Allogeneic hematopoietic cell transplantation (HCT) for treatment of hematological malignancies frequently fails because of disease recurrence. Attempts at intensifying the preparative regimen have been limited by associated toxicities due to the non-specific nature of most conditioning agents. The overall goal of Project 1 is to overcome this limitation by delivering targeted therapy to sites of leukemic involvement to decrease the risk of relapse after HCT without increased toxicity. We have shown that l-anti-CD45 antibody (Ab; BCS) can deliver targeted radiation to hematopoietic tissues, with 2-3 times more radiation delivered to marrow, up to 12 times more to spleen, and 2- 8 times more to lymph nodes than to liver, lung or kidney. This observation has been translated to human studies that demonstrated the feasibility of combining I- BC8 Ab with a reduced-intensity preparative regimen of fludarabine (FLU) and total body irradiation (TBI) in patients with advanced acute myeloid leukemia (AML) and high-risk myelodysplastic syndrome (MDS). We now propose three specific aims to extend these preliminary observations.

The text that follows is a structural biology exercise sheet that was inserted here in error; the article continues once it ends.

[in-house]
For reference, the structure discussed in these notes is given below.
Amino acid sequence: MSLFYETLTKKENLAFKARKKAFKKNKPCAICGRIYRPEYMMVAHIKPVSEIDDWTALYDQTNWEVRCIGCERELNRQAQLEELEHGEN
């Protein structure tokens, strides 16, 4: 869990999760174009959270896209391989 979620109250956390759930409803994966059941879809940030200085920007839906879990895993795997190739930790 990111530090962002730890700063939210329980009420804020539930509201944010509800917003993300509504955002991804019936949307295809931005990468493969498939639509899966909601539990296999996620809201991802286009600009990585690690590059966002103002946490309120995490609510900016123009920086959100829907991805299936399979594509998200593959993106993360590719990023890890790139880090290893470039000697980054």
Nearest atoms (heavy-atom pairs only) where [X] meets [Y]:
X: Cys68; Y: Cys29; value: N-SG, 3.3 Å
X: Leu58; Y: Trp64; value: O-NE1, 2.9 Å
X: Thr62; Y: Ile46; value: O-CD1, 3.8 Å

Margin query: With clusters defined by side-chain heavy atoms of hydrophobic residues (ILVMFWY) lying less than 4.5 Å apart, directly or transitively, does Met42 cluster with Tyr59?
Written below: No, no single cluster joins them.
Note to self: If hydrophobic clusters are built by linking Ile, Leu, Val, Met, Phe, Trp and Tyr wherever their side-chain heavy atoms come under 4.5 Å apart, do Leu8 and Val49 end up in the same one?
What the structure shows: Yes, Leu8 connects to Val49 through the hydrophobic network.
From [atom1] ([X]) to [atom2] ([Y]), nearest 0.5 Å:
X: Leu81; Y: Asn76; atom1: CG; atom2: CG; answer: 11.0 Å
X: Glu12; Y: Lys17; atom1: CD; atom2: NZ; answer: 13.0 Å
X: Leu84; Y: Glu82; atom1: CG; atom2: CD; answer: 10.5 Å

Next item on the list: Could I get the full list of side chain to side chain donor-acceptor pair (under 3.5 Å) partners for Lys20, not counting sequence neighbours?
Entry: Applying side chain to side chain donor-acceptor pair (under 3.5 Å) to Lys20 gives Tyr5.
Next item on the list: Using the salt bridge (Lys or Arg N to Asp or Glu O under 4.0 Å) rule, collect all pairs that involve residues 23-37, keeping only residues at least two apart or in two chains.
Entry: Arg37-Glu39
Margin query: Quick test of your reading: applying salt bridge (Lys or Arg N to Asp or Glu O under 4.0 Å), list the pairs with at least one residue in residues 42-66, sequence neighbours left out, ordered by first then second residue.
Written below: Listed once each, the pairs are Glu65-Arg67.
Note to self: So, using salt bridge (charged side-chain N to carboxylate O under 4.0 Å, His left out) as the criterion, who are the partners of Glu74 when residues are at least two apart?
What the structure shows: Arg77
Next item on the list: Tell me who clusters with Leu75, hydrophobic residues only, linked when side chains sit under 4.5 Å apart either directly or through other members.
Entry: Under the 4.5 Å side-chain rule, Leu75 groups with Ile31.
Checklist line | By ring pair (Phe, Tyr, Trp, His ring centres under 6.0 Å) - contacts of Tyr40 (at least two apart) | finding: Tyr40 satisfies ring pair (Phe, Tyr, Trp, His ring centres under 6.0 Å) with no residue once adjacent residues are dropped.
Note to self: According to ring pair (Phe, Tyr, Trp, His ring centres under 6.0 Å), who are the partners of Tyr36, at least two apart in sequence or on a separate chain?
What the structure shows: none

In Aim 1 we will perform a phase II study to define the efficacy of using l-BC8 Ab combined with FLU and TBI in older patients with AML in remission.
In Aim 2 we will extend this approach to patients lacking HLA-matched donors by determining the maximally tolerated dose (MTD) of radiation delivered by l-BC8 Ab that can be combined with a haplo-identical HCT strategy employing 2 Gy TBI, FLU, and cyclophosphamide. We will then conduct a phase II study of haplo-identical transplantation in order to estimate the efficacy of this regimen.
In Aim 3, we will build on our single-center experience by performing a multi-center phase I study to estimate the MTD of radiation that can be delivered via Y-BC8 Ab when combined with FLU and 2 Gy TBI as a preparative regimen for older patients with advanced myeloid malignancies, and to determine the feasibility of exporting such a regimen to other institutions. We anticipate that these studies will eventually allow us to carry out definitive Phase III studies in which allogeneic HCT approaches employing I- or Y-BC8 Ab are compared to standard reduced-intensity and haplo-identical HCT methods. We are optimistic that these interventions will enhance the prognosis for patients with acute leukemias and myelodysplasia by increasing the response and survival rates, while minimizing toxicities.
Acute myeloid leukemia (AML), acute lymphoblastic leukemia (ALL), and myelodysplastic syndrome (MDS) currently kill the majority of affected patients despite treatment with chemotherapy and hematopoietic cell transplantation (HCT). In this project, we plan to target radiation therapy directly to the leukemia cells using a radiolabeled antibody for patients undergoing HCT with or without a matched donor (such as patients in ethnic minority groups). This could cure more patients and cause less toxicity than current therapies.
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